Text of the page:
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I'm calling a recursive function and I want to concatenate the errors received from the recursive call back to the caller. Following is the code, I use. However, it looks like the _errors variable is shared between my instances. How can I make this _errors variable unique to the instances.

var check = require('./validator.js').check;

var QV = function() {
  this._errors = {};

QV.prototype.a  = function (str) { check(str).len(1,4).notNull().isInt() };
QV.prototype.b  = function (str) { check(str).len(1,4).notNull().isInt() };
QV.prototype.c  = function (str) { check(str).len(1,4).notNull().isInt() };
QV.prototype.validator = function (opt) {
    qv = new QV();
    for(var i in opt) {
        try {
          if (opt[i].toString() === '[object Object]')
            var errors =  qv.validator(opt[i]);
            console.log(qv._errors); //Here the qv._errors is overwritten with the 'sub' errors. I lose the error 'a' here.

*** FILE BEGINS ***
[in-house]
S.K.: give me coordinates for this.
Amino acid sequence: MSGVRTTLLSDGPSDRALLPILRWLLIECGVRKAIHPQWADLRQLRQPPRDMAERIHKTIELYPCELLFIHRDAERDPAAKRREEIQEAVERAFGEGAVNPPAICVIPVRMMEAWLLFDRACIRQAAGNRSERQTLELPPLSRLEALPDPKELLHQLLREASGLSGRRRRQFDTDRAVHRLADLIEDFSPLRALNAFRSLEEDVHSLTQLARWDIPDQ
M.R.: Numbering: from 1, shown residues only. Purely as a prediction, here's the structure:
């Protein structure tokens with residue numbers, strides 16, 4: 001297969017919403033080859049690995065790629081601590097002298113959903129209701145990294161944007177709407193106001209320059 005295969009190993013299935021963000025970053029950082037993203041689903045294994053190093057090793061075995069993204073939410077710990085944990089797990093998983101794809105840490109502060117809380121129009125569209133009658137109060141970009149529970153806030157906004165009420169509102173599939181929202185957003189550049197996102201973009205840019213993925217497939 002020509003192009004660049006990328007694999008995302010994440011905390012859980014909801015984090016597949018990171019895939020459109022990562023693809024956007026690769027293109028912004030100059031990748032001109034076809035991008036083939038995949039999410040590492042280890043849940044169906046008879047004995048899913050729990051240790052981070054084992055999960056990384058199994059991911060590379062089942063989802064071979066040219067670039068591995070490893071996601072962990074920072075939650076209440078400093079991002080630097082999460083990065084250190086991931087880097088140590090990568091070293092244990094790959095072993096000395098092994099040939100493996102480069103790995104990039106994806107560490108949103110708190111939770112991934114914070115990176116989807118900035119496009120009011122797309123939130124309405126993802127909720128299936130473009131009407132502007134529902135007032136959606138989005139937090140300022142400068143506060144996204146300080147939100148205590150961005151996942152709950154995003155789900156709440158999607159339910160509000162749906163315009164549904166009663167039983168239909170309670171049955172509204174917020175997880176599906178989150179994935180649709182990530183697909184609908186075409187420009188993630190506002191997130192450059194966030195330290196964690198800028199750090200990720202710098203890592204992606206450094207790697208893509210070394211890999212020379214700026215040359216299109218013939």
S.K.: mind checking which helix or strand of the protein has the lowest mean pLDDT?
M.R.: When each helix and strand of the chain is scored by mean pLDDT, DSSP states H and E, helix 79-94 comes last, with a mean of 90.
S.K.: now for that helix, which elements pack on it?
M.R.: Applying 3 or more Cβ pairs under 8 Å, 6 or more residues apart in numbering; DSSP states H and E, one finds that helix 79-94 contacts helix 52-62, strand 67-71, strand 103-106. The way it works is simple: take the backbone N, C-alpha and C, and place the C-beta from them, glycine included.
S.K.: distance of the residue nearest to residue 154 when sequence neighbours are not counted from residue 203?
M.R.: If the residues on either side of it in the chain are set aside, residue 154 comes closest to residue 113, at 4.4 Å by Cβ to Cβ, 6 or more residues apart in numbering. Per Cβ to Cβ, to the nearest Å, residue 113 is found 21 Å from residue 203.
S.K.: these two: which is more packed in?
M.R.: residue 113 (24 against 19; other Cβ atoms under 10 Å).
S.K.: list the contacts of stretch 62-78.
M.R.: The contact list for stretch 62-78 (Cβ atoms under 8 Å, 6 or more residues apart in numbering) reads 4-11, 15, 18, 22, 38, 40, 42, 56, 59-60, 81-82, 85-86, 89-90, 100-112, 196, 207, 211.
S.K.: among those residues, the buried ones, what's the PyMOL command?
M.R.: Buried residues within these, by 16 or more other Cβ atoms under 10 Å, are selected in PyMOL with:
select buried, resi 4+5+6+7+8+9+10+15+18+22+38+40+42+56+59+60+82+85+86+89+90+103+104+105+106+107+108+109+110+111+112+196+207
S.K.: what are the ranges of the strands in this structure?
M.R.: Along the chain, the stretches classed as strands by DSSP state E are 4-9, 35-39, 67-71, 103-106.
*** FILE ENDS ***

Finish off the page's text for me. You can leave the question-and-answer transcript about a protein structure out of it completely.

qv._errors[i] = errors;
        } catch (e) {
            qv._errors[i] = e;
    return qv._errors;

module.exports = QV;

And I use this code to do the validation

var test = require('./test_validator.js');
var q = new test();

msg = q.validator({
    'a' : "asdf",
    'sub' : {
        'b' : "asdf",
        'c' : "bsdf"
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Declare "qv" with var! Currently it's a global variable; there's only one "qv" in other words. –  Pointy Jan 20 '13 at 15:15
Great. It works. Even when I declare it without var, and even if I change the name to qvx, it doesnt throw any error. Howver, once I declared it as var, it works. Thanks! –  John Jan 20 '13 at 15:21

1 Answer 1

up vote 3 down vote accepted

The answer is already in the comments. I suggest you to the following

1) Use Javascript "strict" mode - it will make modern browsers to convert mistakes like this to errors https://developer.mozilla.org/en-US/docs/JavaScript/Reference/Functions_and_function_scope/Strict_mode

2) Use jshint against your script - it will prevent errors like this http://jshint.com/

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